Search

The "Veg Garden" upgrade...

It always amazes me how time flies in our gardens. We are now in our fourth year for this garden. It has morphed and evolved from long, in-ground, market style beds (functional but not attractive) to shorter more decorative semi-raised beds (more attractive but not was functional) to what it is now...a perfect blend of form and function (we hope!).





We have 12 raised beds, each 4' x 16' in the center of the garden. We have an additional four beds on each end that measure 2' x 16' and four beds on the perimeter, each measuring 18" x 18'. In the center of the garden we have four more beds at the base of the arch, each measuring 1' x 16'.




This past month has been spent upgrading the beds from in-ground/semi raised to fully raised, self contained beds. We built each raised bed in place and installed drip irrigation to it. This allows us to control when and how much water each bed receives. We have three, solar timers used to control the watering overnight which will save us several hours each day during the heat of the summer. While some may not find this exciting, we are thrilled with the amount of control this will give us over watering and how much time we will save each day.


If you are interested in how we did it, please keep reading.



We ordered all of our parts and pieces for the irrigation system from dripdepot.com and zoro.com. We purchased the corrugated metal sheets and pipe from a local box store.


Step One: Measure and cut corrugated metal sheets to size. We used a total of six pieces per bed, two on each side and one on each end.



Step Two: Connect pieces. They were connected using 4x4 posts at each junction point and metal screws. This way we can easily move the beds if we decide to change the layout of the inner garden.


Step Three: Secure corrugated metal in place with 1/2" conduit pipe, placed every 36" or so. This provides additional structure and allows us to place hoop houses over each bed (blog post on that soon!)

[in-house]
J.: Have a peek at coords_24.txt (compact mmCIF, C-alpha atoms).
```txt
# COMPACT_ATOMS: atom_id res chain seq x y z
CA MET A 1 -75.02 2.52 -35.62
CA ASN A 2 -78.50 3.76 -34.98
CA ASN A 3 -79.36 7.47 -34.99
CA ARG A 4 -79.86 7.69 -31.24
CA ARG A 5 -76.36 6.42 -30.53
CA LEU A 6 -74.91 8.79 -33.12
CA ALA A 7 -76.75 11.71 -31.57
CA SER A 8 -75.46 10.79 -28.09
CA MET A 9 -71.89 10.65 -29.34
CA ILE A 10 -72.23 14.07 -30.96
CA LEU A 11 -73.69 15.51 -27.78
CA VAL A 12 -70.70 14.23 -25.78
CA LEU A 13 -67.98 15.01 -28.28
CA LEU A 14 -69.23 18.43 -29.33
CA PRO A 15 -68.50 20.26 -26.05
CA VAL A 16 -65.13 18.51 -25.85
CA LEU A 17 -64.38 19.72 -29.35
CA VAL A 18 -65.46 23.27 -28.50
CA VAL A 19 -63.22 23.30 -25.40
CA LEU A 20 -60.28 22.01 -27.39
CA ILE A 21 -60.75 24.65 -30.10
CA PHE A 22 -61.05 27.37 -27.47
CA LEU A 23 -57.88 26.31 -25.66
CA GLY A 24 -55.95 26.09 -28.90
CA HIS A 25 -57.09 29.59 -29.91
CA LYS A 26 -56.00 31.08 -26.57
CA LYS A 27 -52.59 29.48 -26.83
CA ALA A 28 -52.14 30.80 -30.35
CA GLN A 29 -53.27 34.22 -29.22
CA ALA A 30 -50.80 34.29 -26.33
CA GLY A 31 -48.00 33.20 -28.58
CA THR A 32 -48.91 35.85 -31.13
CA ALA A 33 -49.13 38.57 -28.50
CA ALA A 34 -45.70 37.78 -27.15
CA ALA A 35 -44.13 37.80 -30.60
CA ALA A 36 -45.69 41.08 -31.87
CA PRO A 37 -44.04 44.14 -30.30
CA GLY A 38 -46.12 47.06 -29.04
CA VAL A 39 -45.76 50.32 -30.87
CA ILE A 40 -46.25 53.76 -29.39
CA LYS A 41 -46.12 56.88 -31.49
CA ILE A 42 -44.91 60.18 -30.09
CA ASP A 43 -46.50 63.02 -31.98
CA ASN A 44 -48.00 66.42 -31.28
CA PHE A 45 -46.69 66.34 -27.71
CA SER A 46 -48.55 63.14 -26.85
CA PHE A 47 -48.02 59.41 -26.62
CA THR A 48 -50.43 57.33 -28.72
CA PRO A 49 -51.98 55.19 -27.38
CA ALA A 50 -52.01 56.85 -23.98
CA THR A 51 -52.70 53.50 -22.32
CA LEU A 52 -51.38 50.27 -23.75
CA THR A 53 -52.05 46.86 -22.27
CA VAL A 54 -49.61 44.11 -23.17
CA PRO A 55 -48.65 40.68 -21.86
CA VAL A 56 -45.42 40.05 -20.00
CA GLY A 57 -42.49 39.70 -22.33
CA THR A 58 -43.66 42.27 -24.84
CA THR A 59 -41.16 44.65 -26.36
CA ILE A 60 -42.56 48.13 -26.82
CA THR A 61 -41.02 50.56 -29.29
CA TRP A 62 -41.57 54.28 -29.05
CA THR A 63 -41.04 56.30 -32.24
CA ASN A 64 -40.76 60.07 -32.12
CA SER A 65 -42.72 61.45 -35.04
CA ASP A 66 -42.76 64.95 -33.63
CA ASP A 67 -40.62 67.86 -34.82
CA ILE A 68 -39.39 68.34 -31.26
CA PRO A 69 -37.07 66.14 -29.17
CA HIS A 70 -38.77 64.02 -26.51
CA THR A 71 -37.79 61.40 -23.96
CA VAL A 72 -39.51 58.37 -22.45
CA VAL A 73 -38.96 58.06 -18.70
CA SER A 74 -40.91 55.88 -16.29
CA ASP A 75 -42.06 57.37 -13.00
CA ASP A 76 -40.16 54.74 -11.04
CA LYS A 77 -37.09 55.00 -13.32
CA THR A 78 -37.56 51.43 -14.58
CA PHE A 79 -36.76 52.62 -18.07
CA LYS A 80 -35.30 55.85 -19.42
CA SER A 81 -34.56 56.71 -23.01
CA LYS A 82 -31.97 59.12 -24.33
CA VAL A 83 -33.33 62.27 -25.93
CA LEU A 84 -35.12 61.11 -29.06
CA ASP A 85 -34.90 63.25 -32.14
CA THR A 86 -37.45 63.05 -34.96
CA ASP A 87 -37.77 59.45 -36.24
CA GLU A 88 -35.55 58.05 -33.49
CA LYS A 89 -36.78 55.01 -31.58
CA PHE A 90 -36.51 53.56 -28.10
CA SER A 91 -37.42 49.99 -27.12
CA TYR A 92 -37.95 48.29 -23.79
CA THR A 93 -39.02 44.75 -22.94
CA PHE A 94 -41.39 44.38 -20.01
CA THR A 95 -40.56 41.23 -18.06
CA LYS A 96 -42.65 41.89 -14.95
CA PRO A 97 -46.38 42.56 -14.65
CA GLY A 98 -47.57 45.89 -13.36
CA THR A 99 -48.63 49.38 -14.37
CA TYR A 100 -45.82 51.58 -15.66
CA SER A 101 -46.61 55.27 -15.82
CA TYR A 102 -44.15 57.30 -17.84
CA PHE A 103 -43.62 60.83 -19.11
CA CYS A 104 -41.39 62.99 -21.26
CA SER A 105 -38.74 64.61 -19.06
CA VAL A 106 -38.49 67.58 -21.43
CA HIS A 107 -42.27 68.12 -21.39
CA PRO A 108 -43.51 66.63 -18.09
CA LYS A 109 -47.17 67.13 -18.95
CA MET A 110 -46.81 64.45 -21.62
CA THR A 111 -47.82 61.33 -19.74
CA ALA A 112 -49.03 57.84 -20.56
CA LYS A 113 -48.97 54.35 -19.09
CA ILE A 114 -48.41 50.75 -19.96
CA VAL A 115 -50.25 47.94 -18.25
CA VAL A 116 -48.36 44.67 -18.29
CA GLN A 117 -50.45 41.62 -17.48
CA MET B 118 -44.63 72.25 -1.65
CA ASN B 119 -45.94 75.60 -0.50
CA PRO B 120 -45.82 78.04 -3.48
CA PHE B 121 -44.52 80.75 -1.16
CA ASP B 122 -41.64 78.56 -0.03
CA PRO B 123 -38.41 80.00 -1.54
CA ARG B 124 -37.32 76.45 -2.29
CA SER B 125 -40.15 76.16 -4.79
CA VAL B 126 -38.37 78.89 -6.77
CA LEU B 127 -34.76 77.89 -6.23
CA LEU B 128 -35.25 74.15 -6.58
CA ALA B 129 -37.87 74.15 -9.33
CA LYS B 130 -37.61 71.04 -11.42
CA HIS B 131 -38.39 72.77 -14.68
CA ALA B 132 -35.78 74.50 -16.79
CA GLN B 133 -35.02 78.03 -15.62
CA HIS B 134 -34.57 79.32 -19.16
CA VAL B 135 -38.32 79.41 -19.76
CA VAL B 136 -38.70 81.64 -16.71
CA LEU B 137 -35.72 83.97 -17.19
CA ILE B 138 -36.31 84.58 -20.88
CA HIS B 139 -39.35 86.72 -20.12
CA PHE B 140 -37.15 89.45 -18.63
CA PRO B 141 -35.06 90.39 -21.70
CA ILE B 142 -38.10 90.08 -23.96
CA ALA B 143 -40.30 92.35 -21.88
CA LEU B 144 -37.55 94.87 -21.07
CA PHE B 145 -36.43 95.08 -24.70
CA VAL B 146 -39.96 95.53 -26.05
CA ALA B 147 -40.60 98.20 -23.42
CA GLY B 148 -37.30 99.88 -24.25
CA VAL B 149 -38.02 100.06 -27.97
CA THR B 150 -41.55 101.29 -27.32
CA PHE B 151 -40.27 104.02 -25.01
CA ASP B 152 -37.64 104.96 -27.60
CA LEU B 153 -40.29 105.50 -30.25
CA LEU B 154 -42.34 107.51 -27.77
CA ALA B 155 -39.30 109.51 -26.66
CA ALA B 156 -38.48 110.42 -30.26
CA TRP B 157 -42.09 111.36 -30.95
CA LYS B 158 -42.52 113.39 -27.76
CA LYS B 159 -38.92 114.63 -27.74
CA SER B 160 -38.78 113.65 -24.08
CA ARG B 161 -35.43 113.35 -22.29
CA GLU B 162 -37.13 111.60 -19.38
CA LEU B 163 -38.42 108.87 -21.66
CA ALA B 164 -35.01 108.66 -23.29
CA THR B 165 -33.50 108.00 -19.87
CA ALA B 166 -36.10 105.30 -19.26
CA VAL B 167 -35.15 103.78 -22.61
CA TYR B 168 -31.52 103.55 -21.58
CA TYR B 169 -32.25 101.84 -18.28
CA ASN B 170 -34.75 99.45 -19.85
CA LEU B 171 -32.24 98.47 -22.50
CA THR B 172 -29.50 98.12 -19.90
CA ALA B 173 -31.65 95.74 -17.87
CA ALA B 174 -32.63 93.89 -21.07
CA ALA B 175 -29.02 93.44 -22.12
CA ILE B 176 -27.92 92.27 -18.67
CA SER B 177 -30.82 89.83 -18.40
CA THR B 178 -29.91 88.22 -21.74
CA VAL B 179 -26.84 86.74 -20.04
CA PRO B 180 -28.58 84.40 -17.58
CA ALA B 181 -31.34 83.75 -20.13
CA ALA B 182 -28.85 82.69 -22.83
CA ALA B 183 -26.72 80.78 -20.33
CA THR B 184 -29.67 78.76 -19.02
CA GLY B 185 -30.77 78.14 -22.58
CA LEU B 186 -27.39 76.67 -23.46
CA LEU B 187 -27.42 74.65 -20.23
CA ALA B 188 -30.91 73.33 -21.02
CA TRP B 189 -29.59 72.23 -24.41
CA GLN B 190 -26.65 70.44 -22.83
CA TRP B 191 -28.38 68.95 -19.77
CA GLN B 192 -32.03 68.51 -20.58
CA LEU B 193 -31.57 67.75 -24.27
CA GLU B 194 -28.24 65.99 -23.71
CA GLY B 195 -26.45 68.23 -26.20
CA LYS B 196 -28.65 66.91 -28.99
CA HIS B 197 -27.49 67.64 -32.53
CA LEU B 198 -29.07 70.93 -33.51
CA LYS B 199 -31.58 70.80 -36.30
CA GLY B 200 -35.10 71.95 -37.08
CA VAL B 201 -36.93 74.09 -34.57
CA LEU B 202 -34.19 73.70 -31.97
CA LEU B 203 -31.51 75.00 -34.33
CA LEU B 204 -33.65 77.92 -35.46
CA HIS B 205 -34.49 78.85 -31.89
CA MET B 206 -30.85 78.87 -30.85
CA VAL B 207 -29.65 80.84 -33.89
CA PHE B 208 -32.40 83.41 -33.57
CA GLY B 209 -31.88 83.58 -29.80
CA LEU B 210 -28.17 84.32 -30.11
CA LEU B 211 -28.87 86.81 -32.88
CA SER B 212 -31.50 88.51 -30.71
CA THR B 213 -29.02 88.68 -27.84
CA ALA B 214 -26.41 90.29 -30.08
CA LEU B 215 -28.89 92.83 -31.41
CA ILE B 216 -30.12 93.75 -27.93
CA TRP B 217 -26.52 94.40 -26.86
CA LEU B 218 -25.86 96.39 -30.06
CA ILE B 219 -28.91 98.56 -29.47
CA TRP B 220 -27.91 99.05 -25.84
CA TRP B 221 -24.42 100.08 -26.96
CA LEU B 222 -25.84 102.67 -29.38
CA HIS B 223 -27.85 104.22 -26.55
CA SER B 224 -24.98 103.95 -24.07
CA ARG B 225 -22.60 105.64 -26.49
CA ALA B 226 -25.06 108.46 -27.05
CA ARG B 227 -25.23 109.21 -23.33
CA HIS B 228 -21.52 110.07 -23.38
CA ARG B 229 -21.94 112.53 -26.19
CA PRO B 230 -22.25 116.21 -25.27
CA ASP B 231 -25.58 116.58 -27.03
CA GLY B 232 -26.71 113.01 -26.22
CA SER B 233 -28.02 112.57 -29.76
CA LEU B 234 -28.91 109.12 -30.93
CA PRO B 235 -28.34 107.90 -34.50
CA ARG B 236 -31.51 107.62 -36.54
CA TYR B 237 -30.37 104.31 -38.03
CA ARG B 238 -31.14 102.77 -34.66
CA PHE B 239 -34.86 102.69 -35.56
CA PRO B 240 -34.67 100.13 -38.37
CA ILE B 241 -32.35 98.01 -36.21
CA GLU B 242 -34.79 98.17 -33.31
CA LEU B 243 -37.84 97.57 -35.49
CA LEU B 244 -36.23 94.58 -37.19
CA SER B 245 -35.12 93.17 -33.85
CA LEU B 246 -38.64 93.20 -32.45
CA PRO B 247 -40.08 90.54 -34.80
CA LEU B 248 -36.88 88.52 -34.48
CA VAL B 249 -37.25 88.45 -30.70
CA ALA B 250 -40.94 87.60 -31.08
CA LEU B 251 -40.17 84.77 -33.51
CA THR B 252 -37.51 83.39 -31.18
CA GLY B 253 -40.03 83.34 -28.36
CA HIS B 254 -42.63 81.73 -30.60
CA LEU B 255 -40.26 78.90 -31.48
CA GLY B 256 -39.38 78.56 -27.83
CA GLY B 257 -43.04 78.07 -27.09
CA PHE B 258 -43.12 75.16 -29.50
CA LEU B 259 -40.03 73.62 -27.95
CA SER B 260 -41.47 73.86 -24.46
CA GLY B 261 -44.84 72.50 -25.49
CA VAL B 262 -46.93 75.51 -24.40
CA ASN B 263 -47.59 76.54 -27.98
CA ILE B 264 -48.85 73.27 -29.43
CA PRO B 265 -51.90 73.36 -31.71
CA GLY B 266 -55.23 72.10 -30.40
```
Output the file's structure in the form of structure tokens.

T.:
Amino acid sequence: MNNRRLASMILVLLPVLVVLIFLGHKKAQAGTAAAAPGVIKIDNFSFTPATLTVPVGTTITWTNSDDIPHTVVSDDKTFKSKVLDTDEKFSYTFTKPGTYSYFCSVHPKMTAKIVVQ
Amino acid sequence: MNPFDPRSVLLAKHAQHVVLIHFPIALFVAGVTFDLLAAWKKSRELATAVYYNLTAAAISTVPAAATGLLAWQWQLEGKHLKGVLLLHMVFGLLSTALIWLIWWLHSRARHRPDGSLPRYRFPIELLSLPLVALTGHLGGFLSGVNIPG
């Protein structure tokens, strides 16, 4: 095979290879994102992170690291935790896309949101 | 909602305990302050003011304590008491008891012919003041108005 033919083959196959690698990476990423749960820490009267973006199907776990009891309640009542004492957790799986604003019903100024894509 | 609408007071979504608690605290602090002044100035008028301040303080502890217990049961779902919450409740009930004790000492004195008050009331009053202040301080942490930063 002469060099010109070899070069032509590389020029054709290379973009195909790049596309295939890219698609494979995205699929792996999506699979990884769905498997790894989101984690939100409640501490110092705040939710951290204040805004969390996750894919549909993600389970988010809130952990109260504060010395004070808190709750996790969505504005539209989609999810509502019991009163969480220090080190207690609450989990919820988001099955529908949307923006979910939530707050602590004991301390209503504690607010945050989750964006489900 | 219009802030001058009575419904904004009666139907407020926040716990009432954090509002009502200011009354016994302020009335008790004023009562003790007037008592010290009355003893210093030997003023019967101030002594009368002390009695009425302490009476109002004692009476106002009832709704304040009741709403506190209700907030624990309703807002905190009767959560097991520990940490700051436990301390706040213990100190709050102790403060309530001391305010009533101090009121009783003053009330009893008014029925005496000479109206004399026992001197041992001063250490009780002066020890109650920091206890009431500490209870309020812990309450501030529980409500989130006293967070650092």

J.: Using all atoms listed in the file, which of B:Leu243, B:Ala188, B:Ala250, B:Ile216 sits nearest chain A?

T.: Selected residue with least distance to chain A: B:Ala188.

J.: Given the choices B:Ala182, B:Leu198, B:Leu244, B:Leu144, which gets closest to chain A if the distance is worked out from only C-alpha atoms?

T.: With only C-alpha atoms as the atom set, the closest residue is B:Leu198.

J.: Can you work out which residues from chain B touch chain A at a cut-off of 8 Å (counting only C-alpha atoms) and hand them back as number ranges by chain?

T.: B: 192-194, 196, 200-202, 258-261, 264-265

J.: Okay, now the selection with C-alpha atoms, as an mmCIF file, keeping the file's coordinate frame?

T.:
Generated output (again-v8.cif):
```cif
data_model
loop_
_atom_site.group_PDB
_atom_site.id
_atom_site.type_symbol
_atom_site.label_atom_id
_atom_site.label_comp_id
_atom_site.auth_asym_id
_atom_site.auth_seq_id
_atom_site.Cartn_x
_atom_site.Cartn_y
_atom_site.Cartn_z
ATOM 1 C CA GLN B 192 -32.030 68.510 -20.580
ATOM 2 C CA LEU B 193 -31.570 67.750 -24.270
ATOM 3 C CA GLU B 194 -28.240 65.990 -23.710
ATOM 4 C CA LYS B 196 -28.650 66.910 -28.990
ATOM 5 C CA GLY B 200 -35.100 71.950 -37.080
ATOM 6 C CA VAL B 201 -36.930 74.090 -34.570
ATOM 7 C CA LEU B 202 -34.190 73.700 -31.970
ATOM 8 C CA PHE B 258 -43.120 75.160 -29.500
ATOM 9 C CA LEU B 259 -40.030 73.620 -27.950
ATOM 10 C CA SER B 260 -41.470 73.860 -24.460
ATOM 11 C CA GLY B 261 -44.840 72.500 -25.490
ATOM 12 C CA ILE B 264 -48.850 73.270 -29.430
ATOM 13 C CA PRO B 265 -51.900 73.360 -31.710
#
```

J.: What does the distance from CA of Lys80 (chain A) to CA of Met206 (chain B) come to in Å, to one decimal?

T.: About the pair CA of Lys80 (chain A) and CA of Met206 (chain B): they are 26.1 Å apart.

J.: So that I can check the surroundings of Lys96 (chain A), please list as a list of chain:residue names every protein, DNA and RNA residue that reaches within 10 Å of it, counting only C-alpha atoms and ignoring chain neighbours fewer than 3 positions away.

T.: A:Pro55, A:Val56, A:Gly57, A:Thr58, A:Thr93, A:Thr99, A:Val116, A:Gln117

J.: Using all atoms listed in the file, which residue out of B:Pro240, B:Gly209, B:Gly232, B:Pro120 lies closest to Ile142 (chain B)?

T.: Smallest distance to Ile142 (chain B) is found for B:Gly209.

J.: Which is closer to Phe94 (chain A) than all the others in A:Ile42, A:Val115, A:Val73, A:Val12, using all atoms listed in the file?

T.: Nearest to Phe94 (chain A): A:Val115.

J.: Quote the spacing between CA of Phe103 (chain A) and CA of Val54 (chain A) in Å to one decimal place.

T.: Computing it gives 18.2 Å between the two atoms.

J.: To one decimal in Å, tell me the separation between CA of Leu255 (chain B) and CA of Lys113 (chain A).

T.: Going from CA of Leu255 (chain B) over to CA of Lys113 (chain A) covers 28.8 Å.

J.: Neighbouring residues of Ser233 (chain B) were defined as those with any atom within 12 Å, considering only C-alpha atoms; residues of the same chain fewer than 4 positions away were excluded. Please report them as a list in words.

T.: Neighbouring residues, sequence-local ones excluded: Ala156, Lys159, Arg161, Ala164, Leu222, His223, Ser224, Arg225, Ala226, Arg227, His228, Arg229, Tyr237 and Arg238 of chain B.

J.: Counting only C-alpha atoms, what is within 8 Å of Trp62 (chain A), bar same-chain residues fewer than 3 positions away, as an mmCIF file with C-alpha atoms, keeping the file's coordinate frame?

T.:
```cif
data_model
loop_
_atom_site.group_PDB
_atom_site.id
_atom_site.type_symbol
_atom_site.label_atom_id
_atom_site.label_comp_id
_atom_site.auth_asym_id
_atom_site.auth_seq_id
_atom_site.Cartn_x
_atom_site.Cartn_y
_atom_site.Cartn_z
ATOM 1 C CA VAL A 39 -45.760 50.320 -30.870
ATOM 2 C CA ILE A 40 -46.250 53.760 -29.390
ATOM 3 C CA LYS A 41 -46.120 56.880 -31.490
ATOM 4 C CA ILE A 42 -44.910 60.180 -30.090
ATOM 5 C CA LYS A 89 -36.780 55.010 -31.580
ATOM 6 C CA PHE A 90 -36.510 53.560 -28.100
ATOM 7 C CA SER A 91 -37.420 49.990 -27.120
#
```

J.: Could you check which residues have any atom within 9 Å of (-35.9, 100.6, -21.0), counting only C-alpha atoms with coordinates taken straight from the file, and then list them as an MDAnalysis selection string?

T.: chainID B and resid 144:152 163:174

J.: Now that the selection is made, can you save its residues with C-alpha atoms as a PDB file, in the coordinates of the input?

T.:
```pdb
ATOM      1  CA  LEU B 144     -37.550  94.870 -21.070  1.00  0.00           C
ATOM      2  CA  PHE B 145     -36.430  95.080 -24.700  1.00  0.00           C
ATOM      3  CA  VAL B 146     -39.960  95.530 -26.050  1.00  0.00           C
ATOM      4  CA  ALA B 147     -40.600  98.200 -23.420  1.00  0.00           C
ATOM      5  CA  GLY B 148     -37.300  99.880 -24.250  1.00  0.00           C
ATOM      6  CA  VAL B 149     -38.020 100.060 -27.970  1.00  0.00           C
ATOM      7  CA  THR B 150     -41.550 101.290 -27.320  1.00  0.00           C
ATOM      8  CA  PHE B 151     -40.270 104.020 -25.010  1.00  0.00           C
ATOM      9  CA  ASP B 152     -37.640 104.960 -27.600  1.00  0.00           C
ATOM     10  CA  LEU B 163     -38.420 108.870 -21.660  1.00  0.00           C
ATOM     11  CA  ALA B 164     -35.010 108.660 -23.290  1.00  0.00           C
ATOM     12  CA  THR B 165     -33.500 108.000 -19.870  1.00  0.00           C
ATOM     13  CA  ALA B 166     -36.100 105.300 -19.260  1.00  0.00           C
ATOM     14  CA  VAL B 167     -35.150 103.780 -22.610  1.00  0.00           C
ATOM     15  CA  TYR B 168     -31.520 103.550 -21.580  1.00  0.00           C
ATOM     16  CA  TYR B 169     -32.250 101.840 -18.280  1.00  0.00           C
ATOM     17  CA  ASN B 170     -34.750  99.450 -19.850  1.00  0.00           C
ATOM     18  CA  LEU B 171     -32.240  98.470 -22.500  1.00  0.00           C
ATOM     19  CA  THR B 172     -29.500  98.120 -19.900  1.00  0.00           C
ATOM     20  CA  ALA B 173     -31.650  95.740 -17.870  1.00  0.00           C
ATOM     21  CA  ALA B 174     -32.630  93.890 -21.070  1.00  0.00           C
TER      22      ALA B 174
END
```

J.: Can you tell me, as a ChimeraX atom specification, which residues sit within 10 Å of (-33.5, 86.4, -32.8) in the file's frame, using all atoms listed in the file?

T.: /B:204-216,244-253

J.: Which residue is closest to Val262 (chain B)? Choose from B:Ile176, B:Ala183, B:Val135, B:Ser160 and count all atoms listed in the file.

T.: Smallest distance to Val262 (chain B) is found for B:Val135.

Step Four: Fill beds 1/2 to 3/4 full with a mixture of soil and compost. If you have any well rotted manure or goat/chicken bedding, mix a bit of that in as well.





Step Five: Lay out ground irrigation. Be sure that each piece lines up with the in-bed placement of fixtures. Once everything is in place, dig a trench and lay pipe in but do not cover yet.


Step Six: Assemble drip irrigation pieces and lay in place. Ensure all pieces fit in each bed before attaching to ground irrigation line. Once in place, secure with metal securing straps.



Step Seven: Once all irrigation pieces are connected (and glued) you can bury the ground irritation pipes.



Step Eight: Cover paths with landscaping cloth and approximately 6" of hardwood mulch. You can choose a different substrate but be sure to lay landscaping cloth first to control the growth of weeds and any errant plants that escape from their beds!



Step Nine: Connect any additional drip irrigation tape/hose to fixtures.



Step Ten: Connect in-ground irrigation pipe with water source and attach timers as needed.



This project took us about 3 full days to complete and was accomplished over the course of a couple weeks, mostly due to supply issues and inclement weather. It is much easier to dig up our hard clay after a good rain and that dictated when we could place the in-ground pipe. We are already planning to expand the in-ground pipe to the outlying beds (cut flowers, squash, potatoes, etc) as soon as possible! We also plan to install a smaller version of this in the "Kitchen Garden" outback. We don't need it for every bed but definitely want it for the tomatoes, basil and cut flowers. I cannot wait to see how much this aids in production this season. A constant source of water, at the roots, should boost growth and productivity.



The additional of bonus of not having to hand water all these beds, especially during the heat/humidity of the summer around here, is immeasurable. I had often found myself procrastinating about watering the garden because of the heat (I have a very low heat tolerance). I'm so thankful now I won't have to water....the drip irrigation system will do it for me.



A garden is a journey, ever changing and ever evolving. Looking back at ours from just a few years ago it is amazing what can be accomplished with time, energy and a little elbow grease.


Happy Gardening!


The Pirate Chicken









21 views0 comments

Recent Posts

See All